However, Oksana was not the only one whose education was interrupted by the war. The fights have influenced dozens of thousands of children and young people. What do they have to struggle with most often?
Fear and insecurity when the next shelling will start. Sacks with sand in windows to protect them against random shells. Massive presence of soldiers in the town. The United Nations Children’s Fund UNICEF deals in details with lives of children from regions affected by war. According to the Fund, there are about 200 000 children in the area where the army is present and 60 000 of them live in the area within 15 kilometres from the front line. Psychologists have proved that many children who live less than five kilometres from the front line suffer from posttraumatic syndrome.
Since the beginning of the war, more than 700 schools have been destroyed. In some cases, they were hit by inaccurate shelling because they were located in the immediate vicinity of military buildings.
Can Avdeevka become the second Chernobyl, as Oksana thinks? And what is actually the war tourism?
Auswitz, Chernobyl, Sarajevo. Places of big disasters quiet often become touristic attractions after some time. It is called “dark tourism“. Nobody knows exactly why so many people are attracted by places where human tragedies happened. In the meantime, a few scientific articles were published on this topic and a whole institute was established at the University of Central Lancashire in Great Britain that focuses on the phenomenon of dark tourism.
However, even the best scientific explanation can hardly stop people’s interest in places where something tragic happened. And there will always be some people that will make money out of it. Therefore you might once find an ad that will invite you to visit Avdeevka.
The country is divided into two halves by the war. The front line has cut many people from their relatives, friends and fun. How do people get to the other side and back? And in what way is it dangerous?
The war has cut off popular roads. To relatives, to friends but also to culture or doctors. Avdeevka used to be the suburb of the big city of Donetsk and people were used to going there. Younger people to cinemas, to theatres and to have fun, the older ones mostly to their doctors with their chronical diseases because in Avdeevka, they would be provided only basic medical treatment. It had been like this forever.
In 2014, everything changed. Avdeevka remained in the area controlled by the Ukrainian government, whereas Donetsk was taken by pro-Russian fighters. The front line crossed all the routes where people drove back and forth for many years. That does not mean though that commuting between the area controlled by the Ukrainian government and the separatists ceased forever. On the contrary. Although the front line has cut off the roads leading to the big city, the people keep going back and forth.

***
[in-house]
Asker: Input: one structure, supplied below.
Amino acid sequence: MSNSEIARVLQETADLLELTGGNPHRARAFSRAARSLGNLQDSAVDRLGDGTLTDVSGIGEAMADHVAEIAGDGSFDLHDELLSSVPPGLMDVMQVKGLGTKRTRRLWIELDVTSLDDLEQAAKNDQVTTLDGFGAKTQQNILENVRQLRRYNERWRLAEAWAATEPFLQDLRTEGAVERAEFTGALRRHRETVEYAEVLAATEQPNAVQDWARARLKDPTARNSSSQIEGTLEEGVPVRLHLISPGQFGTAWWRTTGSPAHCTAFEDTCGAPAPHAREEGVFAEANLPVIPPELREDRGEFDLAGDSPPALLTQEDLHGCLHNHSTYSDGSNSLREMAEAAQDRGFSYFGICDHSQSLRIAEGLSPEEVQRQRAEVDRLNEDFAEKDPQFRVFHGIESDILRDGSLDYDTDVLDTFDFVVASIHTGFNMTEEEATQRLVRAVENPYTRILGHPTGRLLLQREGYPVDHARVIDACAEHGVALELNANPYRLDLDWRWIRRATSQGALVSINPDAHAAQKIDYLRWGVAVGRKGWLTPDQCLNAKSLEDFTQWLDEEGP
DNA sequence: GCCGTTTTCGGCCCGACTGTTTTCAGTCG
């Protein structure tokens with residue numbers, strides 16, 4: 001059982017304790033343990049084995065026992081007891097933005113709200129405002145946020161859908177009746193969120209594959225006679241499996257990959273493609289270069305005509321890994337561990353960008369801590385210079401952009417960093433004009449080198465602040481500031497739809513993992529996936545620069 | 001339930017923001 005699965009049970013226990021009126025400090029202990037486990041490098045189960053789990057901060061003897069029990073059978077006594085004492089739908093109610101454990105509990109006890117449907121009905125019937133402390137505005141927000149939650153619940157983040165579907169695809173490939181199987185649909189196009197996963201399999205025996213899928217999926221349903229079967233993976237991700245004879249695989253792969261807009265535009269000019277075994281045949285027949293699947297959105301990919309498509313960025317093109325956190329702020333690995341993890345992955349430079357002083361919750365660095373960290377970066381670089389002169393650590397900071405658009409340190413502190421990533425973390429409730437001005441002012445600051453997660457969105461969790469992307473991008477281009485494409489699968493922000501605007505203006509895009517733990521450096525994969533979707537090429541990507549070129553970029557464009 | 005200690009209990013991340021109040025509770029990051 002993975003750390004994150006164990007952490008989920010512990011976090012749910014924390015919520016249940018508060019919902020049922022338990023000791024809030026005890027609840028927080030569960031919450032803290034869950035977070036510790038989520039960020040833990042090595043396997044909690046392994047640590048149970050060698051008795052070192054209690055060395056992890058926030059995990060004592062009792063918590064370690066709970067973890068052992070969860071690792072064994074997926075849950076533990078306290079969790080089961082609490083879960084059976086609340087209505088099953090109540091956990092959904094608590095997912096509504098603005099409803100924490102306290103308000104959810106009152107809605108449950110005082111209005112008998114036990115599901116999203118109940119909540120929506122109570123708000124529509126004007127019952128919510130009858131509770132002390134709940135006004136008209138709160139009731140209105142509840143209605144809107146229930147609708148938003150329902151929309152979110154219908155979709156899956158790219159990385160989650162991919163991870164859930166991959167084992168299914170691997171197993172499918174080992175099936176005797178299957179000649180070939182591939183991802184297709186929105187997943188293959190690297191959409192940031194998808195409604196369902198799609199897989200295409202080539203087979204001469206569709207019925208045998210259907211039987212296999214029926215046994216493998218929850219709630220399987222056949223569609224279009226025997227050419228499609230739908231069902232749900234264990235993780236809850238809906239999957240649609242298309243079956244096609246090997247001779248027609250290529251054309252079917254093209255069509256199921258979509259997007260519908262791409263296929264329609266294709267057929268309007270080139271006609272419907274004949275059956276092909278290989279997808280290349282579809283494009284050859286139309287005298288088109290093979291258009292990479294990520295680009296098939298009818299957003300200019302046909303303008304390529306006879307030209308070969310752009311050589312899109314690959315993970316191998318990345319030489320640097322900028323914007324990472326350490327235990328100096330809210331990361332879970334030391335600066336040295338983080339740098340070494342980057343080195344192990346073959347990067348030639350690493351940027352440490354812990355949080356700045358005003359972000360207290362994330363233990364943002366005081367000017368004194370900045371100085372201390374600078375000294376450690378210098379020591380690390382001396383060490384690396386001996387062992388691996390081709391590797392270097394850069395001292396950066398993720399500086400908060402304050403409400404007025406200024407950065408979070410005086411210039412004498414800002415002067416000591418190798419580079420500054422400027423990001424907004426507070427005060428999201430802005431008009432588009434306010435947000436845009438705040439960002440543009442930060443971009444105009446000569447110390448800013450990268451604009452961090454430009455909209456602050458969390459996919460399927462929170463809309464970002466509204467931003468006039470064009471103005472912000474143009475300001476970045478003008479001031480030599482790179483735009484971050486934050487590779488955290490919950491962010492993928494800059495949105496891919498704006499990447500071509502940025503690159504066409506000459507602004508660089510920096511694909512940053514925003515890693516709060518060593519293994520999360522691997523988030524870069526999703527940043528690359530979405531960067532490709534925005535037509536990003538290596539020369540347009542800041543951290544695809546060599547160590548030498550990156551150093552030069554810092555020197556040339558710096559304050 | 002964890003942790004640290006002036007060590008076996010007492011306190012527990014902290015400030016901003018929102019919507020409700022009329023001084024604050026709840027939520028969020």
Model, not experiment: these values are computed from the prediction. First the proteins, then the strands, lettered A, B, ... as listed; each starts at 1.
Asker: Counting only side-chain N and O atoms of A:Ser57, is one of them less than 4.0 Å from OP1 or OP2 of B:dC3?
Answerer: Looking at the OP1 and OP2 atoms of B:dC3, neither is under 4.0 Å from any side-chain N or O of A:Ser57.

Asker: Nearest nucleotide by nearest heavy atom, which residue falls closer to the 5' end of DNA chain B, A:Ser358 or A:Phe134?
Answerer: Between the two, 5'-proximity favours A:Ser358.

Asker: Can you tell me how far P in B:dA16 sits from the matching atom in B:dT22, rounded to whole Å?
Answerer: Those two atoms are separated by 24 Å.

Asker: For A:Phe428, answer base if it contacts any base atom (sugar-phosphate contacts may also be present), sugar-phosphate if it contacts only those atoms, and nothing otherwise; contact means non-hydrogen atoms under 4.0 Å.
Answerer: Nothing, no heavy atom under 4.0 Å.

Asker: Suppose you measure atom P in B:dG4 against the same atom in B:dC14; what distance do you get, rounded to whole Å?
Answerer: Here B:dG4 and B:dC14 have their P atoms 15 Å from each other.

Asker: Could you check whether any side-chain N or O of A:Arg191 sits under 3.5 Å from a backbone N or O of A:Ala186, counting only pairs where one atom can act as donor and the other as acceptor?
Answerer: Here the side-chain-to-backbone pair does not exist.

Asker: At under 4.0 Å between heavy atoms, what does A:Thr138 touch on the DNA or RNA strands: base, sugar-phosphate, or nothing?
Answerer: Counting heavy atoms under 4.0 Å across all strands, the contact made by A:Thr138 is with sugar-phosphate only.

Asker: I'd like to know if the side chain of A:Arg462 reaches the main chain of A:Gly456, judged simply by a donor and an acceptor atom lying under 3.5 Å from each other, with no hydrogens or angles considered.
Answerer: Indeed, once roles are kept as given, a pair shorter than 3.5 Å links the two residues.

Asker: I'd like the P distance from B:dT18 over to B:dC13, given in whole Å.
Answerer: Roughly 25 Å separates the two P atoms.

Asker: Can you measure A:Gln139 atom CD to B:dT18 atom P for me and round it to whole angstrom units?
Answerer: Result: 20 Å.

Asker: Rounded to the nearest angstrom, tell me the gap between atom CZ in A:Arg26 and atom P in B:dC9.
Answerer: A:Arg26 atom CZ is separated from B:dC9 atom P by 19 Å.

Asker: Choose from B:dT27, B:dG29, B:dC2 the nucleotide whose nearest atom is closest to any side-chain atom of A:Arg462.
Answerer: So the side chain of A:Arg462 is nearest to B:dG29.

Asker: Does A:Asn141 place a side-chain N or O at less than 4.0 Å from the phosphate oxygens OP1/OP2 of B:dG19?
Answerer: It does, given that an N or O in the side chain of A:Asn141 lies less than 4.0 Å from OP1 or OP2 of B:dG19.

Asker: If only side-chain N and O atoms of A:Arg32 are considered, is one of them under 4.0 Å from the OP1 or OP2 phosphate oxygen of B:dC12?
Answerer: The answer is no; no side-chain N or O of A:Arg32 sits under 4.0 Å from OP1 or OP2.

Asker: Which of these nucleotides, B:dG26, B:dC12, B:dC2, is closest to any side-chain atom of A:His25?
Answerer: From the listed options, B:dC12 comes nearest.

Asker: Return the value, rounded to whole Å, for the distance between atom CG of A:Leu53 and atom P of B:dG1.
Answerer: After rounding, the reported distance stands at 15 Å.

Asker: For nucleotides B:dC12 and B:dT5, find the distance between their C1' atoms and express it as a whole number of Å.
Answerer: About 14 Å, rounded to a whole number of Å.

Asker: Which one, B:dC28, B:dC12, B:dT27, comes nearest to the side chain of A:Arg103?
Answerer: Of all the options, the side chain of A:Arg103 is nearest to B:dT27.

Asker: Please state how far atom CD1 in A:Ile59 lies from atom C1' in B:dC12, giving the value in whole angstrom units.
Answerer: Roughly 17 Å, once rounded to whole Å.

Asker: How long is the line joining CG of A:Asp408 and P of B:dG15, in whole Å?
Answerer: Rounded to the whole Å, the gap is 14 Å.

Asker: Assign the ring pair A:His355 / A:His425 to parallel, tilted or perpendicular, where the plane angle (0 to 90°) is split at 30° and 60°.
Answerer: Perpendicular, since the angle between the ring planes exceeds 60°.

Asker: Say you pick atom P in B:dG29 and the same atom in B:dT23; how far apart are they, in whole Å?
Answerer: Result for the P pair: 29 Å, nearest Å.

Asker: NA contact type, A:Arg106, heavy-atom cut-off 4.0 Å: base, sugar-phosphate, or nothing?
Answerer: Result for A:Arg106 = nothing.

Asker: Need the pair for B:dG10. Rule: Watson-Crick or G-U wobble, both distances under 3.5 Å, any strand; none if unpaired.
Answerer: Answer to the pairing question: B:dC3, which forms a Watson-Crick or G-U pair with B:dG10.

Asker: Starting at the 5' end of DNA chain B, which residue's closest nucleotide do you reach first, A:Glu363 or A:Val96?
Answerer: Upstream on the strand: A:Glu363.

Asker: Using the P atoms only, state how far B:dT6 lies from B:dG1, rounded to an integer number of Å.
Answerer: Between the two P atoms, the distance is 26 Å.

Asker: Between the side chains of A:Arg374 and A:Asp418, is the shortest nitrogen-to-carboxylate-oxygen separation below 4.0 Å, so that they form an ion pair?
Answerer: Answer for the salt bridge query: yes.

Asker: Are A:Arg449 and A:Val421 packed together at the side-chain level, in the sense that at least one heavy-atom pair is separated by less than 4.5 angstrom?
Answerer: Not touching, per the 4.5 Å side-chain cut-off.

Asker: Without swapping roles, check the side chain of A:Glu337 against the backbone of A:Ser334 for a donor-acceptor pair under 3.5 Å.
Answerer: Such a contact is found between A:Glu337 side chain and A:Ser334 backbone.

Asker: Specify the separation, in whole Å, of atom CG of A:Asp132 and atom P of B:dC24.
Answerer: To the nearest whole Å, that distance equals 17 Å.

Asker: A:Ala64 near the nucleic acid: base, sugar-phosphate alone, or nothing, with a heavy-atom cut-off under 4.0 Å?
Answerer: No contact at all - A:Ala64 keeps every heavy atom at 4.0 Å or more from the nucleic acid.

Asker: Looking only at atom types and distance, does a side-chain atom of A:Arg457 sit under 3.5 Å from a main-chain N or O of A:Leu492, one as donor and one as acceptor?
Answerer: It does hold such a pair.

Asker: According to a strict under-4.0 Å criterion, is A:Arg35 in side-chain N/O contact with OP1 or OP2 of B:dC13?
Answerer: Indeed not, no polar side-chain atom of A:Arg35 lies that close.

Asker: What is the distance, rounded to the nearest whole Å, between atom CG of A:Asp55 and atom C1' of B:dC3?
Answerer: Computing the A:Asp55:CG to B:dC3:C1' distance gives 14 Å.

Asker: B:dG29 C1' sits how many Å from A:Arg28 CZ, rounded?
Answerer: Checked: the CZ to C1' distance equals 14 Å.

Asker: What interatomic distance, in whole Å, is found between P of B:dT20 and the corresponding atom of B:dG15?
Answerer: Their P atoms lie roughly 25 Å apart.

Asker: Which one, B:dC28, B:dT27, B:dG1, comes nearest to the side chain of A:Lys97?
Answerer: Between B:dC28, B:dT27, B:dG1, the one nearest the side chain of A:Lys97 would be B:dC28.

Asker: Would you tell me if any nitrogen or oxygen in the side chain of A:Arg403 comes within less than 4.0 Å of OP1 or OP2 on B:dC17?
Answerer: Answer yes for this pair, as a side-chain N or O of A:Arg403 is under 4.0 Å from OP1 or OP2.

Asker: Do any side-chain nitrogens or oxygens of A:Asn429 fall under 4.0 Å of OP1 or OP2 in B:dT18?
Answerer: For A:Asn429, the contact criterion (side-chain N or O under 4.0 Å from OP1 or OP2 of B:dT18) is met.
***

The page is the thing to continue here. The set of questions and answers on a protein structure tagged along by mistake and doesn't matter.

In the Eastern Ukraine, the pro-Russian separatists have pronounced two self-declared republics; Donetsk People’s Republic and Luhansk People’s Republic. Instead of crossings points, there are so called KPVVs (Control points of entries and departures). This is where people can cross to the other side. Only with necessary permissions, of course.
Number of KPVVs had changed during the war. At the beginning of 2020, there were five of them left along the 400 km-long border. Four of them border with Donetsk People’s Republic and only one with Luhansk People’s Republic. Every month, about one million people go through these border crossings.
What reasons do they have? Most often, they want to visit their family, friends and relatives. The second reason for crossing the border is money. The Ukrainian government still pays pensions to all citizens. And those who live in the area controlled by separatists are also regarded as citizens. However, these people do not have access to their money. For that reason, once in a while they set off to the area controlled by the government to withdraw the money from the closest ATM.
However, getting to the other side can be a problem, especially for the older ones. There are long queues at the border crossings, and in the summer heat, waiting can be even fatal for some. According to the Office for the Coordination of Humanitarian Affairs (OCHA), over 30 people died in 2019 because of problems at the crossings points.